RV Basics: Winter RVing for Beginners!

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Welcome back for the 4th episode in our “RV Basics” series, where I try to give you the talks I wish I had gotten when we started RVing!

These videos are not technical, and are geared towards new RVers.  And in this one, we’re tackling an area where even seasoned RVers sometimes fear to tread: Winter RVing!  As I mention in the video, winter RVing is 10% about the RV, and 90% about the decisions YOU make with it – so this is one area where knowledge definitely is power.


This series of videos is sponsored by Winnebago, and we’re proud to be partnered with them to bring this to you. I hope it’s all easy enough for anyone to follow, but if it isn’t, let me know!



I (naturally) won’t know much about your particular rig, but if you have questions or comments or any extra tips to share, sound off below!


James is a former rocket scientist, a USA Cycling coach, and lifelong fitness buff. When he's not driving the RV, or modifying the RV (or - that one time - doing both at once), you can find him racing bicycles, or building furniture, or making music. In his spare time, he works for a large IT company.

    17 thoughts on “RV Basics: Winter RVing for Beginners!

    1. Tim Talevich

      Great video … thanks for all the tips. We hope to snowshoe and ski out of our 2023 Solis NPF edition ASAP. Q for you: Winnebago brands the NPF Solis as a 4-season rig. Your thoughts? Does this mean the piping is minimally exposed, etc. I wonder just how 4 season our van is in terms of avoiding freezing issues.

      1. James - Post author

        I believe all the water lines should be inside the heated space on the Solis. Depending on how cold you’re talking, you might want to look for places where the water lines run right against the exterior skin of the van – those could be trouble spots. Also (and I’m just going from memory here) I think the grey tank and drainage lines are heated with electric heating pads. You’ll want to make sure you have adequate battery capacity to run them if you’re going to be out in the cold for a while and not plugged in. If you’re plugged in (or running a generator) then you should be fine to run those heat pads.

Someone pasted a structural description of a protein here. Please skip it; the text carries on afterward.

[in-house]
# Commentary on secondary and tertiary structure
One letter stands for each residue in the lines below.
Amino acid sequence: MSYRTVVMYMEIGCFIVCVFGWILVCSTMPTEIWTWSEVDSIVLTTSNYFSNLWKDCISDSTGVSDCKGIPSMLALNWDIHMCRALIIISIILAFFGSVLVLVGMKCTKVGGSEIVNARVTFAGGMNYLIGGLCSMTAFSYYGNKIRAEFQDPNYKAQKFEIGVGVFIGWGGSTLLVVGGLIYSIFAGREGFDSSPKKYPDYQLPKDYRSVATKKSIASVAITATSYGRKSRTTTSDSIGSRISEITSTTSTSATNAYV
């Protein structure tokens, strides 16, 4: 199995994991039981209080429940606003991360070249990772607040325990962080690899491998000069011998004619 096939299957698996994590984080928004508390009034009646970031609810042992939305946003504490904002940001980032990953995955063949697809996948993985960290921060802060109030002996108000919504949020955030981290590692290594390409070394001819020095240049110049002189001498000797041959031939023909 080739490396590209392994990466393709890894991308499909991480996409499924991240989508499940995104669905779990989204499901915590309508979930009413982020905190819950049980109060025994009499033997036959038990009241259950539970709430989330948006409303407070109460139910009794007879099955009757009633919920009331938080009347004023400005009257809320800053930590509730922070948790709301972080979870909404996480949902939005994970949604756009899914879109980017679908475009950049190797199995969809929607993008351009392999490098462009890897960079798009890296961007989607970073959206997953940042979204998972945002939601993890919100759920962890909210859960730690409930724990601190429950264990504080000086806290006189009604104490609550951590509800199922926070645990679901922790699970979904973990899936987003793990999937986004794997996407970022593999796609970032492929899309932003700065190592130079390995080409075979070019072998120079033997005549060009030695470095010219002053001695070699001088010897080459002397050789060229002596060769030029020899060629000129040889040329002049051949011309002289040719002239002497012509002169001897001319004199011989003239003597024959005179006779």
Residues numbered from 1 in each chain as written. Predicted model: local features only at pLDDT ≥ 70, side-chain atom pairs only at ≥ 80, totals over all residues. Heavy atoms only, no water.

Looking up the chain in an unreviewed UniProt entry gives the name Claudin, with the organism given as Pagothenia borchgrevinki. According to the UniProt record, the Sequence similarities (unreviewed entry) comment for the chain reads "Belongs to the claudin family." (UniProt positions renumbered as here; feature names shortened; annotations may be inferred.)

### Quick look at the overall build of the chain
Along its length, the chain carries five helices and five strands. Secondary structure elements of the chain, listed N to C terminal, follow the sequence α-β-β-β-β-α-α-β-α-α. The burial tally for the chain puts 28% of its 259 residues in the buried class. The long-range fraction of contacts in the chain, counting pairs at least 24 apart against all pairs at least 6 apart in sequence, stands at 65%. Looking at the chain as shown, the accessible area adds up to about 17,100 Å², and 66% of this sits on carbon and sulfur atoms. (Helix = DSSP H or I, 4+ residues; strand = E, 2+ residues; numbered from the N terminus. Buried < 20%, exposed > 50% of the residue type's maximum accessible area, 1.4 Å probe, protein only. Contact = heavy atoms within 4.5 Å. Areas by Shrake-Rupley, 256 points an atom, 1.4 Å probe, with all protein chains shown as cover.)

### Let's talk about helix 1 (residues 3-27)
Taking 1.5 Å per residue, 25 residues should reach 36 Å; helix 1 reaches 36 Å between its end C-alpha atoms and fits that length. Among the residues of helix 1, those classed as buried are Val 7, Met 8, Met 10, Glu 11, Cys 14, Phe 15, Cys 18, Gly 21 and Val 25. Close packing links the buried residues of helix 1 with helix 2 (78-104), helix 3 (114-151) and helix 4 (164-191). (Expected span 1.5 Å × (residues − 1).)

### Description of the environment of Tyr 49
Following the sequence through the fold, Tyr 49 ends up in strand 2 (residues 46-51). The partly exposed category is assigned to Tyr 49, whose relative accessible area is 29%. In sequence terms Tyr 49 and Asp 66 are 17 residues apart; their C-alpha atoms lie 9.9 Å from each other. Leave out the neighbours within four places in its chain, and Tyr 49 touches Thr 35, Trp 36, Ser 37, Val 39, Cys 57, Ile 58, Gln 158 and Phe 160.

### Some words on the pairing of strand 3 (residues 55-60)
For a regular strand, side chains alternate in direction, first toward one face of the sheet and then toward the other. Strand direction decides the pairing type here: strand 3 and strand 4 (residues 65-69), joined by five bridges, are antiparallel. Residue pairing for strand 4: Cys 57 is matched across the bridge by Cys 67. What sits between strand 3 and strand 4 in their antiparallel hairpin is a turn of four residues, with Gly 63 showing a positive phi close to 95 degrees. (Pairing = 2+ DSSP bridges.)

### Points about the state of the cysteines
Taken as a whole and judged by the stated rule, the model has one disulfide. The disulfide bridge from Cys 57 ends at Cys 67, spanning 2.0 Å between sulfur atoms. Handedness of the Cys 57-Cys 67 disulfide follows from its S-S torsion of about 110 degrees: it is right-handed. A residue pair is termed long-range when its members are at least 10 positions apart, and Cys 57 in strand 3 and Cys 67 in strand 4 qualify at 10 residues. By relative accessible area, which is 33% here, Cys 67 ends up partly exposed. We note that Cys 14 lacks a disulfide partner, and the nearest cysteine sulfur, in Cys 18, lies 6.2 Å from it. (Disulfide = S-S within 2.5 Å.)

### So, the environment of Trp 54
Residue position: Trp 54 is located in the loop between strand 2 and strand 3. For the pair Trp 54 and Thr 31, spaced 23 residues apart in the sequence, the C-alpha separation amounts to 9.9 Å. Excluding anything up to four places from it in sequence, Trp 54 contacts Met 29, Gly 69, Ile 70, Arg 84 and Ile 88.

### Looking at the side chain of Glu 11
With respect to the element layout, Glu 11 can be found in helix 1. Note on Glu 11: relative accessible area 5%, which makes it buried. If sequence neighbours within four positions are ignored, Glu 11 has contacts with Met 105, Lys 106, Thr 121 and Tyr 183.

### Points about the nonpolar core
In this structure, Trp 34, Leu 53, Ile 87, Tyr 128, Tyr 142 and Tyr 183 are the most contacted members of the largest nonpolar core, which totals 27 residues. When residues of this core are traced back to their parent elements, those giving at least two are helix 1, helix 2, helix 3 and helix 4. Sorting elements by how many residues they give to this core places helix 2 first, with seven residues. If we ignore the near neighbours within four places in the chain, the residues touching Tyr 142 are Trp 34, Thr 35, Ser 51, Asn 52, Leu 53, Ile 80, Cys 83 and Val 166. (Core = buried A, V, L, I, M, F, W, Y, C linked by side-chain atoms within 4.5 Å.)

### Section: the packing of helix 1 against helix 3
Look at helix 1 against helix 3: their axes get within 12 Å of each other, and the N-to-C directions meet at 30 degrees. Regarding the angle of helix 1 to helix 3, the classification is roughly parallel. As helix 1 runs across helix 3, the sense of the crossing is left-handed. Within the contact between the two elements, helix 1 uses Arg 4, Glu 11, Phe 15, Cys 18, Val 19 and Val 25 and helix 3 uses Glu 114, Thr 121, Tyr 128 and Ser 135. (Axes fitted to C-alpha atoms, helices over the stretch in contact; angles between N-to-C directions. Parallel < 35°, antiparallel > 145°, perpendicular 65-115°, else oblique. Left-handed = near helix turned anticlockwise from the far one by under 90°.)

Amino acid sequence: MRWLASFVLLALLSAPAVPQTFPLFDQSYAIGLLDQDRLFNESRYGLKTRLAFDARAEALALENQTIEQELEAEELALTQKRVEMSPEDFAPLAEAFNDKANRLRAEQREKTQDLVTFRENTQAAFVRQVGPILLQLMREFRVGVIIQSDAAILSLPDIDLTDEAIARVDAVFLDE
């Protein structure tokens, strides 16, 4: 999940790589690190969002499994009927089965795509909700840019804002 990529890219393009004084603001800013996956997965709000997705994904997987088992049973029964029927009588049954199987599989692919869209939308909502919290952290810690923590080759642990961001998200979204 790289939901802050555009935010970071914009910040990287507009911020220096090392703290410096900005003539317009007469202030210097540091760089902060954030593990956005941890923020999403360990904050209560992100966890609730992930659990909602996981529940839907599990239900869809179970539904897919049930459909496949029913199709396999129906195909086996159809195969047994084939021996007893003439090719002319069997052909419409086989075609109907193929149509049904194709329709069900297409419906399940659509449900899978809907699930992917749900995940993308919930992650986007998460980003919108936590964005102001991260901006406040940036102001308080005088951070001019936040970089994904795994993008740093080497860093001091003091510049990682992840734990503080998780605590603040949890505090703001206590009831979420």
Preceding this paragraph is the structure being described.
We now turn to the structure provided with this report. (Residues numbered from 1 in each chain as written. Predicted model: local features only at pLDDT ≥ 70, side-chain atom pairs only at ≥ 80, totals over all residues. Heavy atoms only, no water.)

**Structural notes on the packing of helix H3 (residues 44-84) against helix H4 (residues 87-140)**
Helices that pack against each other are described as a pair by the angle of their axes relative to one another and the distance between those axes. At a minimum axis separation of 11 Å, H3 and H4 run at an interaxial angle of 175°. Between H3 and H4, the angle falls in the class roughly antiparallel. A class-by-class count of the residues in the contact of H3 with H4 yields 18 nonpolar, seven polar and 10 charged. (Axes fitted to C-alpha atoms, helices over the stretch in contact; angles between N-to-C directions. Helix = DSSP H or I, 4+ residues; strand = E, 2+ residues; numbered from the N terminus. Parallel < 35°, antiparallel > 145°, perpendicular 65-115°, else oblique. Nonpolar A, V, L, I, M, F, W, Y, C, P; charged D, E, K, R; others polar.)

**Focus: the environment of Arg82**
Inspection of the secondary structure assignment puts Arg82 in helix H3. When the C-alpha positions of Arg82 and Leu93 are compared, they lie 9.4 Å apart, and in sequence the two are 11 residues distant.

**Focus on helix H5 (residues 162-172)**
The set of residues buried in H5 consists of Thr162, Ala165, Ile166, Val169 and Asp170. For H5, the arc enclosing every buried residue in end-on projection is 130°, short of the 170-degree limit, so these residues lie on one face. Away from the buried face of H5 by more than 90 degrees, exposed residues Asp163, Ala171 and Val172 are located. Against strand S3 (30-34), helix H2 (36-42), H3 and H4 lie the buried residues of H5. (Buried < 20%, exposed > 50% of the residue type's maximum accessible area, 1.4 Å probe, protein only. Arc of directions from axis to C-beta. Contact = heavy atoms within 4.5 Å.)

2. Don Kane

      Hi you all!

      (We were just in TN.)

      Nice video of yous that I watched for fun. We have been winter RVing for many many many years, going back to van #2 in the 80s, where we really didn’t have water systems in our primitive 1978 E150. Just a cooler that kept the water from freezing. (Current van is #4)

      The one thing for newbies to remember, is that when you go to sleep in your feather or down duvet, you need to not drop the heat in the van too much. In our case if we drop the inside night temp below 10C and the outside temp is -15C, the pipes in the garage (which is in principle, inside) might freeze. So you need a forecast, and you need to deal with it by raising the night temp.

      What we have done, and it has worked 100%, is to blow air back there using a 12V computer cooling fan. I think that uses less electric than heater tape.

      Back to your rule, know thy rig!

    3. Sophie

      Hello, we keep the dieselheater on all winter (7*celsius) so we don’t have to warry about freezing and can camp anytime we want to.

      1. James - Post author

        I’ve often wondered about those. Do they tilt in multiple directions?
        If they only tilt in one direction, it seems like they would require you to always park facing east (or west) so that the tilt mechanism lined up parallel with the sun’s path.
        For boondocking, that might work, but in an improved campground, you can’t always park in the direction you prefer.

        Or am I missing something obvious here? (I feel like I might be…)

        1. Bill Phillip

          They only tilt in one direction so yes you have to consider parking direction. I considered tilting the drivers and passenger sides in opposite directions but finally just tilt them all the same way. Even if the panels don’t tilt to the south you can still get some benefit from either the morning or afternoon sun.
          He’s working on some that track the sun. A few years ago he had them ready but they were more than I wanted to spend. I just checked his website and he now says they are still in development.

    4. Mark

      James have you done a winterization video for the EKKO with air only? I’ve not seen a good compressed air run down. Just attempted and forgot to pull the water heater plug so I hope I didn’t damage the unit! Keep em coming. Thanks

      1. James - Post author

        I’m hesitant to do a winterization video for the EKKO, because there are a lot of very strong opinions out there about the right way to do it.
        Also – my own personal need to winterize is rather minimal, due to where we live. So even if I were to show folks what I do, I don’t have very good data around it.
        I will tell you though, that the procedure I use is derived from the owner’s manual.


          As mentioned above and also in your excellent video, one can damage the Truma heater with compressed air. How is the best way to prevent that and what are the limits of pressure I should aim for?

        2. James - Post author

          When I winterize. I have the air pressure set to 35 psi, and I never allow it to pressurize the Truma.
          (I keep the yellow drain lever open for the duration of my winterization, so I can’t mess it up.)

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